Enough Tupperware
by Leslie Lawrence '72


A Legacy of Excellence


Carl Rowan '47
1925 - 2000

Carl Thomas Rowan spent his life successfully challenging the status quo before his voice was stilled September 23, 2000, when he died of natural causes in Washington Hospital Center at age 75. He will be sorely missed.

Mr. Rowan's first contact with Oberlin College was unnerving and accidental. The U.S. Navy had sent him to Northwestern University for summer training as a naval reserve officer in 1943, but, because of his color, he was refused residence there and was transferred to Oberlin.

After the war, he returned to the campus to complete his degree as a math major. Miss Foster, his English professor, confirmed for him the possibility of using the English language as a way of earning a living when she critiqued an essay and assured him that he would definitely make it as a writer.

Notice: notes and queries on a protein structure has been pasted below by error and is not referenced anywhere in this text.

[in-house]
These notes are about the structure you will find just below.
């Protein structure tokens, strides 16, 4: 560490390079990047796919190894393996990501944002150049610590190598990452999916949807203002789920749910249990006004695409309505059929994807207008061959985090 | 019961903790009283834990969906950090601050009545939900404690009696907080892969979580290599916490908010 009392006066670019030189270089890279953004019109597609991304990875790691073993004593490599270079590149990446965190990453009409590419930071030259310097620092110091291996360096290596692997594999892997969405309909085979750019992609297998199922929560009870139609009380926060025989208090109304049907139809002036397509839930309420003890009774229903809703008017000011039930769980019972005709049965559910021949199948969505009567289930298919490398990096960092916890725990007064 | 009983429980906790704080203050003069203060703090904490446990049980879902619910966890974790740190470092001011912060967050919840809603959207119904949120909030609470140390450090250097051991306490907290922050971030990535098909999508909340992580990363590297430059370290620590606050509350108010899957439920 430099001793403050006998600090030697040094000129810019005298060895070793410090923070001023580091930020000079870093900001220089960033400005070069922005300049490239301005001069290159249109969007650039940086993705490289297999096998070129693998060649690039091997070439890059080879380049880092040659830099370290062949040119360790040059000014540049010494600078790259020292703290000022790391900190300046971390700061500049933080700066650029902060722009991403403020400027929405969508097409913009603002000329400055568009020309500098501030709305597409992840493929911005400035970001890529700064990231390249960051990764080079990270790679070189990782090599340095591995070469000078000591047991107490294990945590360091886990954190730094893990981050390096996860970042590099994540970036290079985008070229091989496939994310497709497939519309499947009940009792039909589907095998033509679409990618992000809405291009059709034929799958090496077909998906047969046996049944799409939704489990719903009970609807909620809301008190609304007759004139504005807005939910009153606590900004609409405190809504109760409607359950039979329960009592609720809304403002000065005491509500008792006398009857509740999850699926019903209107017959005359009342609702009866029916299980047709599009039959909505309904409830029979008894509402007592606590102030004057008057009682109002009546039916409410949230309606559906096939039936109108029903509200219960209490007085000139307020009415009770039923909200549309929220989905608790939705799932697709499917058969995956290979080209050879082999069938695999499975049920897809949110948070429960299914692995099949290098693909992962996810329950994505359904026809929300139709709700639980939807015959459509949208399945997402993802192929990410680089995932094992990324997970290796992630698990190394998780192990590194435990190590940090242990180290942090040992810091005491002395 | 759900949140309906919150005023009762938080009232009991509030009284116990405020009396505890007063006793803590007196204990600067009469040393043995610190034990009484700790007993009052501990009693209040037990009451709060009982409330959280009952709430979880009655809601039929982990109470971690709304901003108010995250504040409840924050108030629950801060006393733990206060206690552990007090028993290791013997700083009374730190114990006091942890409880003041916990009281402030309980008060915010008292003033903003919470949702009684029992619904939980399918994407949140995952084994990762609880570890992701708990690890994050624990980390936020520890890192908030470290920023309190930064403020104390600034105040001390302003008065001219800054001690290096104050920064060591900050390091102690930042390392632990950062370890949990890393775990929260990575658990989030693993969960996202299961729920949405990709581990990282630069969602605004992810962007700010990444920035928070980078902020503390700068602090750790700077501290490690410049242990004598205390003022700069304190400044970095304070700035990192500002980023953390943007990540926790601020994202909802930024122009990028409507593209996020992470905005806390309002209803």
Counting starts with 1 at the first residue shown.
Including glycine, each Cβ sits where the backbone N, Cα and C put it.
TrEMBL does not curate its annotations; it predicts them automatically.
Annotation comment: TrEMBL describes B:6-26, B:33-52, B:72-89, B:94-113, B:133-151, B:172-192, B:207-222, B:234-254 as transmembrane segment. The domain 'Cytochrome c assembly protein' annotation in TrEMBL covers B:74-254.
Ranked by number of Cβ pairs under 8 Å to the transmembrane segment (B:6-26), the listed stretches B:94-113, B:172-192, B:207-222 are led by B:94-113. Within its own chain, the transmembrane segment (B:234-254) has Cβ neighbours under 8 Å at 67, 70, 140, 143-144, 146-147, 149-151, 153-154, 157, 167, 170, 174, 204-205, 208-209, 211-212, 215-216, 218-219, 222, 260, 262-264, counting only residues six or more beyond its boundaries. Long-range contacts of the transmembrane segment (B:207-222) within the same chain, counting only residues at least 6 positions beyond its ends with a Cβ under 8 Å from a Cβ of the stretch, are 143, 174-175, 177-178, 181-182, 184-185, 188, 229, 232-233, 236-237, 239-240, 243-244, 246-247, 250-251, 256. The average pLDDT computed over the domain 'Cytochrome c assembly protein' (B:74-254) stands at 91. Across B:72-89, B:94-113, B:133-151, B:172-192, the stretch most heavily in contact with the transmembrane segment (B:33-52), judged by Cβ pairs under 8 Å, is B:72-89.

His periodic visits to the campus kept him in touch with black students from the Washington, D.C., area, many of whom attended Oberlin under the Project Excellence program which Mr. Rowan founded in 1987. The program has contributed over $39.5 million in scholarships.

In 1997 the Oberlin Alumni Association awarded Mr. Rowan the Association's highest honor, the Alumni Medal, for his "outstanding advocacy of Oberlin's values."

A well-known commentator and nationally syndicated newspaper columnist, he has been called the United States' "most visible black columnist." During a career that spanned more than half a century, he was a frequent guest on public affairs radio and television programs and served in the administrations of Presidents Kennedy and Johnson. He is survived by his wife, a son, a daughter, and four grandchildren

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